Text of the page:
elixir list

In Elixir, a list is a collection of elements enclosed in square brackets. Lists can contain elements of any data type, and the elements can be of different types within the same list. Lists in Elixir are immutable, meaning that they cannot be modified once created.

To create a list in Elixir, you can simply enclose the elements in square brackets, separated by commas. For example, [1, 2, 3] is a list containing the integers 1, 2, and 3.

You can also use the [] syntax to create an empty list: [].

Elixir provides several functions for working with lists. Some common operations include:

  • hd/1 and tl/1 functions to get the head (first element) and tail (remaining elements) of a list, respectively.
  • length/1 function to get the length of a list.
  • ++/2 operator to concatenate two lists.
  • --[1, 2] operator to remove elements from a list.

Additionally, Elixir provides list comprehensions, which allow you to transform or filter lists in a concise manner. List comprehensions are similar to those in other functional programming languages like Haskell and Python.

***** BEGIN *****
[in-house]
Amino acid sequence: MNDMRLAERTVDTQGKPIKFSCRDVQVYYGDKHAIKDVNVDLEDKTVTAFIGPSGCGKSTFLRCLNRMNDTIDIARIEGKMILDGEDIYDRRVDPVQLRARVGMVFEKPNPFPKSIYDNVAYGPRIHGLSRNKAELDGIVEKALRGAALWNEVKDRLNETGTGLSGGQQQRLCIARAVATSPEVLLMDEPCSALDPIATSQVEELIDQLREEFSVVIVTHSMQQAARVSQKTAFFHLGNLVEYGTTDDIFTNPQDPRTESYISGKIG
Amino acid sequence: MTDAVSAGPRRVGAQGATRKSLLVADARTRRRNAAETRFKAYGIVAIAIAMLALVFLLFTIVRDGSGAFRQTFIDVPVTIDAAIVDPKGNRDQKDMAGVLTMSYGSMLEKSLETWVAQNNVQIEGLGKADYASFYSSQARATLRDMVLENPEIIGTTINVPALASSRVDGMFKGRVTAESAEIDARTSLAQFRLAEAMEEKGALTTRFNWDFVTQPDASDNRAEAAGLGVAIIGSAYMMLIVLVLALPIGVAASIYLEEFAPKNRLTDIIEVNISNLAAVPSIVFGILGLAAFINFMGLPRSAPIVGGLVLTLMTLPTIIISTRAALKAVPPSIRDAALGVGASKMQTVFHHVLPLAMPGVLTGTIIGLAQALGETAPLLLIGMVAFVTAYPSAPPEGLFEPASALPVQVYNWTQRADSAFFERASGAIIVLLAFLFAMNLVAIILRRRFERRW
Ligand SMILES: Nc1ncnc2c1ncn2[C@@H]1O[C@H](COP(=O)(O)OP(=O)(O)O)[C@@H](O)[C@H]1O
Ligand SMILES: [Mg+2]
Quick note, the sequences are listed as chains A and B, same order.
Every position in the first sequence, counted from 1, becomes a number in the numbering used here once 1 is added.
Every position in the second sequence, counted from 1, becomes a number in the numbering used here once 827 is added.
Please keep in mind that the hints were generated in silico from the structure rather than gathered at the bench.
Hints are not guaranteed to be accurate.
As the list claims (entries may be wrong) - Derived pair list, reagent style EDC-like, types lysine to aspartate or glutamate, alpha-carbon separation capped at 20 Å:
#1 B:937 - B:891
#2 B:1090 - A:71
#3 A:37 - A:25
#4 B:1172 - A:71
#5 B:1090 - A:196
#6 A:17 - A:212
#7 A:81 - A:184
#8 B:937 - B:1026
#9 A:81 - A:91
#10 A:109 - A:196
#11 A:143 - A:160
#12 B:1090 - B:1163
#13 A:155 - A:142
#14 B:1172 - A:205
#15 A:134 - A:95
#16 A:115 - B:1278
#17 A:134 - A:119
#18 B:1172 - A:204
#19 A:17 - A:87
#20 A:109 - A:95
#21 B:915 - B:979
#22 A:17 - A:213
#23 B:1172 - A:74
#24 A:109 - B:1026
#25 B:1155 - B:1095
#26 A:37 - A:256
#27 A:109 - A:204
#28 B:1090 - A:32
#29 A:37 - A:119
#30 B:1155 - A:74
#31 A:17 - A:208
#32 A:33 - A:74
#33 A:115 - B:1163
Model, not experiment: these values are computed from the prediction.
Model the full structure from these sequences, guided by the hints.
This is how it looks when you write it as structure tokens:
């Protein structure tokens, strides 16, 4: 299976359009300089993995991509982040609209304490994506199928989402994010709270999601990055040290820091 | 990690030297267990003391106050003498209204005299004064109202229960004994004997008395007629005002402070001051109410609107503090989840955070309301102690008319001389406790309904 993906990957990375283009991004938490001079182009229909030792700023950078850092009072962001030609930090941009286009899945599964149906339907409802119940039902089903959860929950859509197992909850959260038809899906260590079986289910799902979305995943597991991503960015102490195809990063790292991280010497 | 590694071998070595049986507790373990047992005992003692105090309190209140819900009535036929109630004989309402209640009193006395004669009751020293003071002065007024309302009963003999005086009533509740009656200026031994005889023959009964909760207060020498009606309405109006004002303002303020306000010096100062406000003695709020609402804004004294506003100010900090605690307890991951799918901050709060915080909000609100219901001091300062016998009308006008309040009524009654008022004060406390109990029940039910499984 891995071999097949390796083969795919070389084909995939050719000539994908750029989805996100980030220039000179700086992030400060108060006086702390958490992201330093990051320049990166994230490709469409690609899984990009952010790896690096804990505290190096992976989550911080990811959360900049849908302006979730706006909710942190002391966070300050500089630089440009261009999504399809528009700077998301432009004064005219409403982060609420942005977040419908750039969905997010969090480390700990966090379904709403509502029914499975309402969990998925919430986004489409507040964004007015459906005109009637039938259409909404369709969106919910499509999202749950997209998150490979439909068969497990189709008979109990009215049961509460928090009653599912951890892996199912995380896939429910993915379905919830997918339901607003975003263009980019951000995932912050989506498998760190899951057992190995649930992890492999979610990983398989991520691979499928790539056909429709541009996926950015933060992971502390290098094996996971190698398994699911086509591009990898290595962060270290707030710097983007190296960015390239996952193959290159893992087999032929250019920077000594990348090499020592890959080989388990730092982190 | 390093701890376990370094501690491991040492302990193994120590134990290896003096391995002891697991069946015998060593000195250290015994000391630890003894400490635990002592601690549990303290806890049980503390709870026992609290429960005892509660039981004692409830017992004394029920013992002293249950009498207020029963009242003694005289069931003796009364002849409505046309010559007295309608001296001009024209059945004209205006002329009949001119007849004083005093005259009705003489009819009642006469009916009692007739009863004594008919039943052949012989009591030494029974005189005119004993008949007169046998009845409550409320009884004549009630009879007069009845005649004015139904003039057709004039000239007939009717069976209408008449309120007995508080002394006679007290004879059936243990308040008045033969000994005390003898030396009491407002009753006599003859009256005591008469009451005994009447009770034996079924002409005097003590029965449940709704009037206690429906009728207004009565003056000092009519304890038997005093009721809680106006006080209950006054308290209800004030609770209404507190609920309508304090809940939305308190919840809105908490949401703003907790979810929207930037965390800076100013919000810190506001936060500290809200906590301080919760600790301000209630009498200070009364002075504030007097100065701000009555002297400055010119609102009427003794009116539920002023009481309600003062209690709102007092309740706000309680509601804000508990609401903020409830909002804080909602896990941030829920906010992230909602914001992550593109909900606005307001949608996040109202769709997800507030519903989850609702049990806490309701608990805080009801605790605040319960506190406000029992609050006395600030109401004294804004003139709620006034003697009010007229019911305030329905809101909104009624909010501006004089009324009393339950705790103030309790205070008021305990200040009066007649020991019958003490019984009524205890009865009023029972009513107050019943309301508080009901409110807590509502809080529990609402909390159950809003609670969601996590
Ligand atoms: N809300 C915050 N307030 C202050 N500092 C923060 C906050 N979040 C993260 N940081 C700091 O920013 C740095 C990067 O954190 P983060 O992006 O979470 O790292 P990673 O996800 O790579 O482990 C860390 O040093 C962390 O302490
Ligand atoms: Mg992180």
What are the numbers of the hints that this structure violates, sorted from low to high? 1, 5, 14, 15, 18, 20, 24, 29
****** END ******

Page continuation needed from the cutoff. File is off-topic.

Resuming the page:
Here is an example of a list comprehension that doubles each element in a list:

list = [1, 2, 3, 4]
doubled_list = for element <- list, do: element * 2

In this example, doubled_list will be [2, 4, 6, 8].

Overall, lists are a fundamental data structure in Elixir and are commonly used for storing and manipulating collections of elements. The immutability of lists in Elixir ensures that they are safe to work with in concurrent and distributed systems.